This article investigating Japanese politically correct terms started its life in the weirdest way. Recently, I’ve noticed that the word 子供 (こども) for child is starting to be replaced with “子ども” in a lot of documents. I decided to do some research on this trend and one of the first sources I hit upon was an October 2016 News Post Seven article suggesting that the reason was likely an anti-discrimination measure (Japanese).
Wait! What? 子供 is discriminatory?
Apparently — the articles I was reading assured me — it’s because the second kanji in the word is also found in words like 供 (そなえる) -- sacrifice or offer -- which is kind of an offensive way to talk about your beloved child.
Further research on the Nikkei website (Japanese) revealed that this may likely be an overreaction by “over-enthusiastic” bloggers and YouTubers. The reason seems to be more about the “look and feel” of the word rather than necessarily politically correct reasons. (If anyone has any reputable sources to back this story up, please let us know in the comments).
This doesn’t change the fact that a lot of Japanese people were willing to believe that this far-fetched story was true. That’s because recently, Japan has been cautiously experimenting with 言葉狩 (ことばがり), using words in an appropriate way and taking steps against 人種差別 (じんしゅさべつ), discrimination and so changing a word — even for the most bizarre reasons — was somewhat believable.
While the children themselves are likely not being subjected to extreme political correctness, the words used for the people who look after them may skew that way according to some. Traditionally, kindergarten work was performed by women, but recently a lot of men have been entering the profession. The original terms used for these caregivers were 保母 (ほぼ) for female and 保父 (ほふ) for male kindergarten teachers. However, this was widened to 保育士 (ほいくし) for childminder as a gender-neutral term that included both genders.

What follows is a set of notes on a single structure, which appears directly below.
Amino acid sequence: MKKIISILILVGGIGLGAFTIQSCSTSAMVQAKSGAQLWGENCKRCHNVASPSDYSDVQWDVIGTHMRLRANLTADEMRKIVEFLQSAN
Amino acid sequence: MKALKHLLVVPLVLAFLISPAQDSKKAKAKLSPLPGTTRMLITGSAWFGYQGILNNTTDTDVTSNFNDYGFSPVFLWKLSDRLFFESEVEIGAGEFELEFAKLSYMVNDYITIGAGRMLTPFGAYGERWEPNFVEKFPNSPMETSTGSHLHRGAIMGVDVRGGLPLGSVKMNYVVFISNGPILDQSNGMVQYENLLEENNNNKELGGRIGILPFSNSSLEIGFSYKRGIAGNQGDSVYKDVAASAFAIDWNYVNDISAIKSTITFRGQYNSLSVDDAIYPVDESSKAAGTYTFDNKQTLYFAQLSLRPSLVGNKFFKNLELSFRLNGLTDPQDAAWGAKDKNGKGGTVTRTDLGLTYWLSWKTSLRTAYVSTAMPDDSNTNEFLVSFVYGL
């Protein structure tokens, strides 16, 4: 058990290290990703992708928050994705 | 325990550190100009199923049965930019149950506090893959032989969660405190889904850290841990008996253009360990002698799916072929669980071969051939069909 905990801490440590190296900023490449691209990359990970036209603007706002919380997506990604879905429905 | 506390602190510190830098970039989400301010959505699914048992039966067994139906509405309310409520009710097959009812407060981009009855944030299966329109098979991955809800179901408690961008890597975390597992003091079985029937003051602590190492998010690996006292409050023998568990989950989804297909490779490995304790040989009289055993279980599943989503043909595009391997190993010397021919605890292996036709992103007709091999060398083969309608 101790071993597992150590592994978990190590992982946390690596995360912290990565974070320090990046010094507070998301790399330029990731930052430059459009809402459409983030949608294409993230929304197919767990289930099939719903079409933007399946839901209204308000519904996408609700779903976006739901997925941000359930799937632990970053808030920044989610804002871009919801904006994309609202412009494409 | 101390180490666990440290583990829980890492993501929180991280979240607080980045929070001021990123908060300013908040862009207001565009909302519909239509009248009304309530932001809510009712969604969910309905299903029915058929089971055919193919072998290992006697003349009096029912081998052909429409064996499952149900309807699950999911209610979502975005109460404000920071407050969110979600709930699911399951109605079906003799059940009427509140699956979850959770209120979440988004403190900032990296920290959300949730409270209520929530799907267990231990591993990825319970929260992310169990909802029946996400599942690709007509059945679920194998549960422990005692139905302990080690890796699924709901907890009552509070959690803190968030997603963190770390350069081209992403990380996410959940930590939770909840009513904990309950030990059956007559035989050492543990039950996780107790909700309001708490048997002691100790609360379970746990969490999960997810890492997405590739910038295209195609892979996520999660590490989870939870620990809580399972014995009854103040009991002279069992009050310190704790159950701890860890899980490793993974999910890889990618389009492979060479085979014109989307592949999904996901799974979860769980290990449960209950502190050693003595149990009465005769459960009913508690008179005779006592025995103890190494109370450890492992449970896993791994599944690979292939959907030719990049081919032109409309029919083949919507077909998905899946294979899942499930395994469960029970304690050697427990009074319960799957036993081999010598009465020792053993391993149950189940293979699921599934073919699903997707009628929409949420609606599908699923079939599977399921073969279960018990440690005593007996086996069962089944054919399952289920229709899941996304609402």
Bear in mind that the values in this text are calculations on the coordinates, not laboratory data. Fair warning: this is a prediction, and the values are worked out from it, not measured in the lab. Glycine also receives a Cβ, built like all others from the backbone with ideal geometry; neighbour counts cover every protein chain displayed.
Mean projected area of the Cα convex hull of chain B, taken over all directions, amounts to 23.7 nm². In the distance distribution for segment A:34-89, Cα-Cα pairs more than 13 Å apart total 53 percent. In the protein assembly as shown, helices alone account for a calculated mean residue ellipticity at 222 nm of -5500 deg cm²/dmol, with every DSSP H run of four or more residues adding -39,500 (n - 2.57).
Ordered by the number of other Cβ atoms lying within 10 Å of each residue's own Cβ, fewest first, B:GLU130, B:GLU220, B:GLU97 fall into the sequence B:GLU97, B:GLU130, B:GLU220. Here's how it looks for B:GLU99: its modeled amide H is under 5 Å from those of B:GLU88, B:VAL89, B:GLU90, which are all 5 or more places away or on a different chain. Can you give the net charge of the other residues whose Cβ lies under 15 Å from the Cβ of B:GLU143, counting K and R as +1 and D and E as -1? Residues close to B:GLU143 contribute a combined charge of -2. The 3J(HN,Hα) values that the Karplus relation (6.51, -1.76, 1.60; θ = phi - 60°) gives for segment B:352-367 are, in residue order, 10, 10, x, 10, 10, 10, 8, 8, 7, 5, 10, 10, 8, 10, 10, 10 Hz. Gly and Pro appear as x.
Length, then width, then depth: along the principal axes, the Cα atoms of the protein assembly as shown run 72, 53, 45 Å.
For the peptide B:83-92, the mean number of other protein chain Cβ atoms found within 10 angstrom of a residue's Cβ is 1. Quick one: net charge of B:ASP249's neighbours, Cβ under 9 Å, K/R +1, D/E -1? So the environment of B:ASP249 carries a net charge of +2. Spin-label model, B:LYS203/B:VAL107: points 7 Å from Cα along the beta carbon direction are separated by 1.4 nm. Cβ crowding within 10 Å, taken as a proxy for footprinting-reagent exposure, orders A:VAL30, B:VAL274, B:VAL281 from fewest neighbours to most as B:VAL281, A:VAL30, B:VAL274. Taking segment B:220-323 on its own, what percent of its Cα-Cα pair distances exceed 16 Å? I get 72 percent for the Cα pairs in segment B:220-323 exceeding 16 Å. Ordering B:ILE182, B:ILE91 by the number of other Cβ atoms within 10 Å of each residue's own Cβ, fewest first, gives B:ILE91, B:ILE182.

This is indicative of a general trend whereby, much like in the West, there have been efforts to make some careers more inclusive. Intriguingly in Japan, this has manifested itself mostly by getting rid of the female endings to jobs that were traditionally associated with women.
Originally, 看護婦 (かんごふ) was the most common word for a nurse. As anyone familiar with kanji knows, the final character “婦” is typically feminine as ふじん (lady). It’s counterpart, 看護士 (かんごし), is the word typically used for a male nurse and has the more masculine “士” ending that is found in such manly words as 武士 (ぶし) for samurai warrior and 騎士 (きし) for knight. As a result of these different endings, nursing as a career is now simply referred to as 看護師 (かんごし). Note the different, more gender-neutral kanji character at the end.
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